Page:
Actually there is a gap when you only fill LR and not in C. This might not be heard in a small editing room, but as soon as you are watching it in cinema, you can't rely on that. Those speakers are several meters apart, so depending on where you sit, you'll hear those gaps.
I recently watched a movie who had exactly that issue (not paying attention to filling the center channel between dialogue) and it sounded awful and just wrong.

"Sure I could fill those gaps in the center channel, but why cover with a L/R ambience again later, too? It's a double ambience with the same purpose."
Filling gaps is a technical thing/requirement. Creating ambiences is a creative decision: most of the time you want to create something different than what you heard on set.
And if you are ever asked to deliver a M&E mix, you'll have to fill the center channel anyway (though this is more part of creating ambiences).

Don't want to offend you, but you might want to read John Purcell's book:

u/trev400 · 1 pointr/LocationSound

They’re not standard connections so make sure you get the right one. I think there’s two different types for aircraft, one for military and one for civilian. There’s some posts on JWSound about it, that’s where I’ve read up on it.
There’s this adapter on amazon that may work, looks like it converts the aircraft comms to two 3.5mm connectors:

The remote audio stuff might be the best bet though

u/edinc90 · 1 pointr/LocationSound

The easiest way to do this is to convert from the helicopter plug (U-174/U or U-93A/U) to fixed-wing (PJ-068 & PJ-055.) Fixed wing aircraft use two plugs, one for headset and one for mic. Luckily the PJ-055 plug used for the headset is literally just a TRS plug.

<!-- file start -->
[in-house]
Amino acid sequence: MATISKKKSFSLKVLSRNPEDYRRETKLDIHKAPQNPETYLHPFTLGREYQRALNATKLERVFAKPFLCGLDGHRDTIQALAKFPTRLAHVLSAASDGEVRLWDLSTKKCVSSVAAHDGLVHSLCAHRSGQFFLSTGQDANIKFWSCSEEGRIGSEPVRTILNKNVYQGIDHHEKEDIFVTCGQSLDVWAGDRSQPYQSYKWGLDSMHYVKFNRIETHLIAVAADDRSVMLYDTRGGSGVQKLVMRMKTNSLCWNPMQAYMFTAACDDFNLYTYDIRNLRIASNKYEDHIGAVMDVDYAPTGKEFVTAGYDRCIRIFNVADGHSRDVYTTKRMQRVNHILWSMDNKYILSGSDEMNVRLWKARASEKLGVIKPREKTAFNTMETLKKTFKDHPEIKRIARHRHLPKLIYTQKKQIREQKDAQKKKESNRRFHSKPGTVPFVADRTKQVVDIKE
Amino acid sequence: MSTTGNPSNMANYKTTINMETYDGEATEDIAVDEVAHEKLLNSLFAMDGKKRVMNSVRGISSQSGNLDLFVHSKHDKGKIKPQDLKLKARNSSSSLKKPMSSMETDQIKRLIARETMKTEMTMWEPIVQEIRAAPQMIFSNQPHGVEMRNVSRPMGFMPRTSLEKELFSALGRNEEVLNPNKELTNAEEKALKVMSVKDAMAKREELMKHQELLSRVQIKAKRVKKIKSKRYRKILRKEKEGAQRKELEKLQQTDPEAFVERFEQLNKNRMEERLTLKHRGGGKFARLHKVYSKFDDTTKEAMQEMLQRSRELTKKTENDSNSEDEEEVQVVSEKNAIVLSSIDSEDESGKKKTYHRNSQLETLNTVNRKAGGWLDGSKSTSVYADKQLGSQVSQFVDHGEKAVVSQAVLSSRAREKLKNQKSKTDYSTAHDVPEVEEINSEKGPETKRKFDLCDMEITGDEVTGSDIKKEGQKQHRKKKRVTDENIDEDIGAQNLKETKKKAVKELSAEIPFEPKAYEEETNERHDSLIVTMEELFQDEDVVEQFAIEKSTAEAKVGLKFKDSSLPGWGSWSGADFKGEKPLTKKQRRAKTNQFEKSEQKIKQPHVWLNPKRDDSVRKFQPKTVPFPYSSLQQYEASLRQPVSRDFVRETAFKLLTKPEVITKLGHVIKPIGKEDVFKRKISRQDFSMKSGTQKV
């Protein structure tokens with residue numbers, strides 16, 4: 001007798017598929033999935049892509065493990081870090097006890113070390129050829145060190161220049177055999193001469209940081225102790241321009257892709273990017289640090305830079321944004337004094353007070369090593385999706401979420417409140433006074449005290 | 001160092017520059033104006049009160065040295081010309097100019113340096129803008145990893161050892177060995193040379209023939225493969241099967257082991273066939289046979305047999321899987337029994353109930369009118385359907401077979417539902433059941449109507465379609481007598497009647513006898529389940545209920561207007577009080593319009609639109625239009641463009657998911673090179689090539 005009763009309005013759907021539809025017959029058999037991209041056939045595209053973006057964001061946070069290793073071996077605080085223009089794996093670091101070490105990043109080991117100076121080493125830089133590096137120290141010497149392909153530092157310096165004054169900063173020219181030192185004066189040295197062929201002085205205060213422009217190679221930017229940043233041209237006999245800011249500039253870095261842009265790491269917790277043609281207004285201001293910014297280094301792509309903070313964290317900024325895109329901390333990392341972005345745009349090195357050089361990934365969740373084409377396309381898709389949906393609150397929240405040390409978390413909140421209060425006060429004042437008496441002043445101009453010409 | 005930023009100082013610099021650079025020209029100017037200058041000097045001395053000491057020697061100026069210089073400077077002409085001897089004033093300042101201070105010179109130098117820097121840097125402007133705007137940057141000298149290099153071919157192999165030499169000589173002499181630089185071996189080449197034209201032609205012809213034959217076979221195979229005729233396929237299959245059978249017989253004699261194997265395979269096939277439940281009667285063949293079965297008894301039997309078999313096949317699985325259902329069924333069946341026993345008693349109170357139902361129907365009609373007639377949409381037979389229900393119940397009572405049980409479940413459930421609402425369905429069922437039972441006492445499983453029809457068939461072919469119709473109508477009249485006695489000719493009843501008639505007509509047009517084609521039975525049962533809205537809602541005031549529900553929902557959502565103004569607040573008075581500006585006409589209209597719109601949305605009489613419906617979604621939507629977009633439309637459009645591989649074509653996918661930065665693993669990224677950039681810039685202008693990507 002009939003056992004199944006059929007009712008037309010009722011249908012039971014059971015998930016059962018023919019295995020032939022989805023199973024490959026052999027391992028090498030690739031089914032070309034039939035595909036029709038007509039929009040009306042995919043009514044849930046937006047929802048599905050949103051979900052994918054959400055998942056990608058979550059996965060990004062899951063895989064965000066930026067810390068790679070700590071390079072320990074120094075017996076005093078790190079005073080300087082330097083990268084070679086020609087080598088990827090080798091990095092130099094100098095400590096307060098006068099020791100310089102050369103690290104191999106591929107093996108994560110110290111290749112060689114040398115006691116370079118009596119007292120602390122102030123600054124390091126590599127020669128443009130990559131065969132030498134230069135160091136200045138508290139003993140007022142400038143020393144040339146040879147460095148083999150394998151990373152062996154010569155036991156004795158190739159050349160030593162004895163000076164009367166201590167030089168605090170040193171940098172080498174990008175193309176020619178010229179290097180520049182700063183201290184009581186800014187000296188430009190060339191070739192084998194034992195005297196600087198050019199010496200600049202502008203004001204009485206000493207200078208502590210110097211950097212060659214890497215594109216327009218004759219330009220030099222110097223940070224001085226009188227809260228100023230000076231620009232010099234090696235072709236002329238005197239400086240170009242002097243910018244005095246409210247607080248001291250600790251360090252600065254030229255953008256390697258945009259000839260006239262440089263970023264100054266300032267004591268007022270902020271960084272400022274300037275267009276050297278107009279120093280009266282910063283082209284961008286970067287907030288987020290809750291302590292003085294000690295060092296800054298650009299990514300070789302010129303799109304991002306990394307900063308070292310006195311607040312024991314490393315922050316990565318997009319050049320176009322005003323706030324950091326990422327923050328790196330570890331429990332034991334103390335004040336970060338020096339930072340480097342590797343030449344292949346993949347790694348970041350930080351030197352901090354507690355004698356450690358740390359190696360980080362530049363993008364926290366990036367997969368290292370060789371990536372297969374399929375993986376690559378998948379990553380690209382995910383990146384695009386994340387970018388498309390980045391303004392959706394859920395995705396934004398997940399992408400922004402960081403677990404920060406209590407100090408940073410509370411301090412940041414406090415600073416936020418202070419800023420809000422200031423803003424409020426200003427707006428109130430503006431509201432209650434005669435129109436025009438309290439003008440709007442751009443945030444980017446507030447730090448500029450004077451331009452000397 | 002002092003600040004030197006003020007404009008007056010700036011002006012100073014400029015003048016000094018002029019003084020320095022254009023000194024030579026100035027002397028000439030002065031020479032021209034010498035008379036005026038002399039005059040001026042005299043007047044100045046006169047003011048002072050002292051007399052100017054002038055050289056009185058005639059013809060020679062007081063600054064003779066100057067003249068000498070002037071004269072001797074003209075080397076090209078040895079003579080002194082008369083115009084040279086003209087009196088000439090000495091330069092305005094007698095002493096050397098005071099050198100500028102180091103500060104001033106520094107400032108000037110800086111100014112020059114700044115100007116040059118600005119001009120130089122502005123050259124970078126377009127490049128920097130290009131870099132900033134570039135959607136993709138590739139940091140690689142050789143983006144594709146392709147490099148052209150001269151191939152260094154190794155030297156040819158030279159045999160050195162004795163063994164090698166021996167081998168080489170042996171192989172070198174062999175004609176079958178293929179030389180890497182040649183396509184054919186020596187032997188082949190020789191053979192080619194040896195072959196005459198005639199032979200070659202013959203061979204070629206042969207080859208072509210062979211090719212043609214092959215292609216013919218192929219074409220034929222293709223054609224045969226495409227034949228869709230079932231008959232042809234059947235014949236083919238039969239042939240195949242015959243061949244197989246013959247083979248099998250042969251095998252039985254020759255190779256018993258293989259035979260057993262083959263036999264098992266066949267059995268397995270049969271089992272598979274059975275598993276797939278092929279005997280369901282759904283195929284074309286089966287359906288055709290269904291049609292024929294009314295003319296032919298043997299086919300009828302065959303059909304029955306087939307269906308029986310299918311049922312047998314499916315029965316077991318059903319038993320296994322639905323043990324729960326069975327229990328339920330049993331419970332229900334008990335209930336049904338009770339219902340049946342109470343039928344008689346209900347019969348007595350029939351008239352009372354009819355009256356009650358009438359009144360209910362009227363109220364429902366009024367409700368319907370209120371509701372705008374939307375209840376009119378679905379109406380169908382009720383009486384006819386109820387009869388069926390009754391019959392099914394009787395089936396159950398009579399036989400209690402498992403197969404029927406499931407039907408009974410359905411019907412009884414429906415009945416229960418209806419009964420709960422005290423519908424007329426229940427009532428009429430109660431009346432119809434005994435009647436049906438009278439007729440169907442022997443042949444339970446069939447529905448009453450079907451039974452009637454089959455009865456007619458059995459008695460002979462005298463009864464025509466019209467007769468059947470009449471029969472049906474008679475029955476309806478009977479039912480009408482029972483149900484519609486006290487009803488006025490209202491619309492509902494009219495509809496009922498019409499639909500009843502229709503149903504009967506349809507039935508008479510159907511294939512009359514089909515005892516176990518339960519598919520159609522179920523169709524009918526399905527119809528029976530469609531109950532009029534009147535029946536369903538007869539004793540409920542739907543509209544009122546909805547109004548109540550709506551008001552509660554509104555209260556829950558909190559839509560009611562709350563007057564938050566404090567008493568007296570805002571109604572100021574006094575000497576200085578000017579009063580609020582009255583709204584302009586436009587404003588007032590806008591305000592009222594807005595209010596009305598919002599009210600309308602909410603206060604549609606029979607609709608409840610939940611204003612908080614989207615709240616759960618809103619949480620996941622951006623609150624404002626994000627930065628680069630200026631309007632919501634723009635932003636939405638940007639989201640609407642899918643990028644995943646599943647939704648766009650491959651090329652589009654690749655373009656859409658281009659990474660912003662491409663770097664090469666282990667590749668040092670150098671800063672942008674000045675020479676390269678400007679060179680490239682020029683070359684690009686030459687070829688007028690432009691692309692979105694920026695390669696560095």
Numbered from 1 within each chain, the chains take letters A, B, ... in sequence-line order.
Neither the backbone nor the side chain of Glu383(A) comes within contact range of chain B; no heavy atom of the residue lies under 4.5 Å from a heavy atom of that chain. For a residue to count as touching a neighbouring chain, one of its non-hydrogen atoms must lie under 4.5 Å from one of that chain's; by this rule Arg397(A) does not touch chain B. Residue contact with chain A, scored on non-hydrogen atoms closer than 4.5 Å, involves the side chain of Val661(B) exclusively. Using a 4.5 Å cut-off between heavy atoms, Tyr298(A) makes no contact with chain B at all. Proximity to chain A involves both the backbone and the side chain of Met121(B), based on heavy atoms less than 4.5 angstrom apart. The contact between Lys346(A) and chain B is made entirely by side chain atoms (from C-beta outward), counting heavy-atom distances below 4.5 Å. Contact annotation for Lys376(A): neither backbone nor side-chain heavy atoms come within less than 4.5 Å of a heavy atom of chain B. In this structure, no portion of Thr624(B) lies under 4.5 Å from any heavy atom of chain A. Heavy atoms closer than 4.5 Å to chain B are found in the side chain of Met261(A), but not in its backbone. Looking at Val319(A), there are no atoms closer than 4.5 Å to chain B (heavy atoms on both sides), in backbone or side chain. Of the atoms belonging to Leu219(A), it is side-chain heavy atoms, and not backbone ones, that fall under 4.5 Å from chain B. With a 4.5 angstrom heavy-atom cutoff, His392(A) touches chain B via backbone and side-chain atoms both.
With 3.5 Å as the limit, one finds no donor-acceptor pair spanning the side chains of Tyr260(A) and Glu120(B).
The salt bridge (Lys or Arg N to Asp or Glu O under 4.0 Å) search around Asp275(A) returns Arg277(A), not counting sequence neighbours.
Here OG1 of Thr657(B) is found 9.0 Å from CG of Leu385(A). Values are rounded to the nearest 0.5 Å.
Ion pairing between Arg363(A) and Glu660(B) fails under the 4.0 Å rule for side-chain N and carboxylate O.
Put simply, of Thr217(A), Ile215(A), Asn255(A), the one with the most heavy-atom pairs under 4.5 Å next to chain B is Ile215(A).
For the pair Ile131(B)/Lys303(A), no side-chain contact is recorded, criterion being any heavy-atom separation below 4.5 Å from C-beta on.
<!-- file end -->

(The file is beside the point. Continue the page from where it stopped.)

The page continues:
Here's an adapter that will do that for you. The level is line-ish level. I'd bring some adjustable pads or a DI box in case the level is too hot.

u/AFUTD · 5 pointsr/LocationSound

The Location Sound Bible.

I think you're good on equipment. Now you just need a few accessories. Pick up a shockmount or two (Rycote). Handling noise can kill an otherwise perfectly usable recording. Boom pole, mic stand, blimp. Rycote blimps are good, but expensive. The new Rode blimp comes with Rycote suspension units, and it's much cheaper.

u/Some_sound_guy · 1 pointr/LocationSound

you can buy them and since it's sounds like its created from the power go with a power ground lift not an xlr one. Here is an example of what it looks like from amazon.

But they are good for identifying the problem you can also try plugging it in someplace other than where you have tried I've used ground lifts before when having problems with ground noise.

u/certnneed · 1 pointr/LocationSound

It depends on the DJ mixer, but it'll probably be dual RCA outputs (two mono channels (Left and Right) to make Stereo). So you'll probably need a dual RCA to dual 1/4" to record the two channels, like this.

u/aLEXANDERhsTEVENS · 1 pointr/LocationSound

One (maybe two or four) of these guys has done well for me.


u/erikcantu · 1 pointr/LocationSound

I don't operate a boom hand held too often, but when I do I wear a pair of the cheap jersey black cotton gloves. Those gloves are soft and smooth against the pole and make no sound, also they don't hold heat so they are fine in warm conditions.

u/coolcocoboy · 3 pointsr/LocationSound

He wrote a book in 2014, "Location audio simplified". Decent book. Guess he just realized the time and effort put in making videos is less worth it than putting out a book and actually doing location sound.

u/delusivewalrus · 7 pointsr/LocationSound

C-Stand and one of these is what I see used most often when the boom doesn't have to be operated.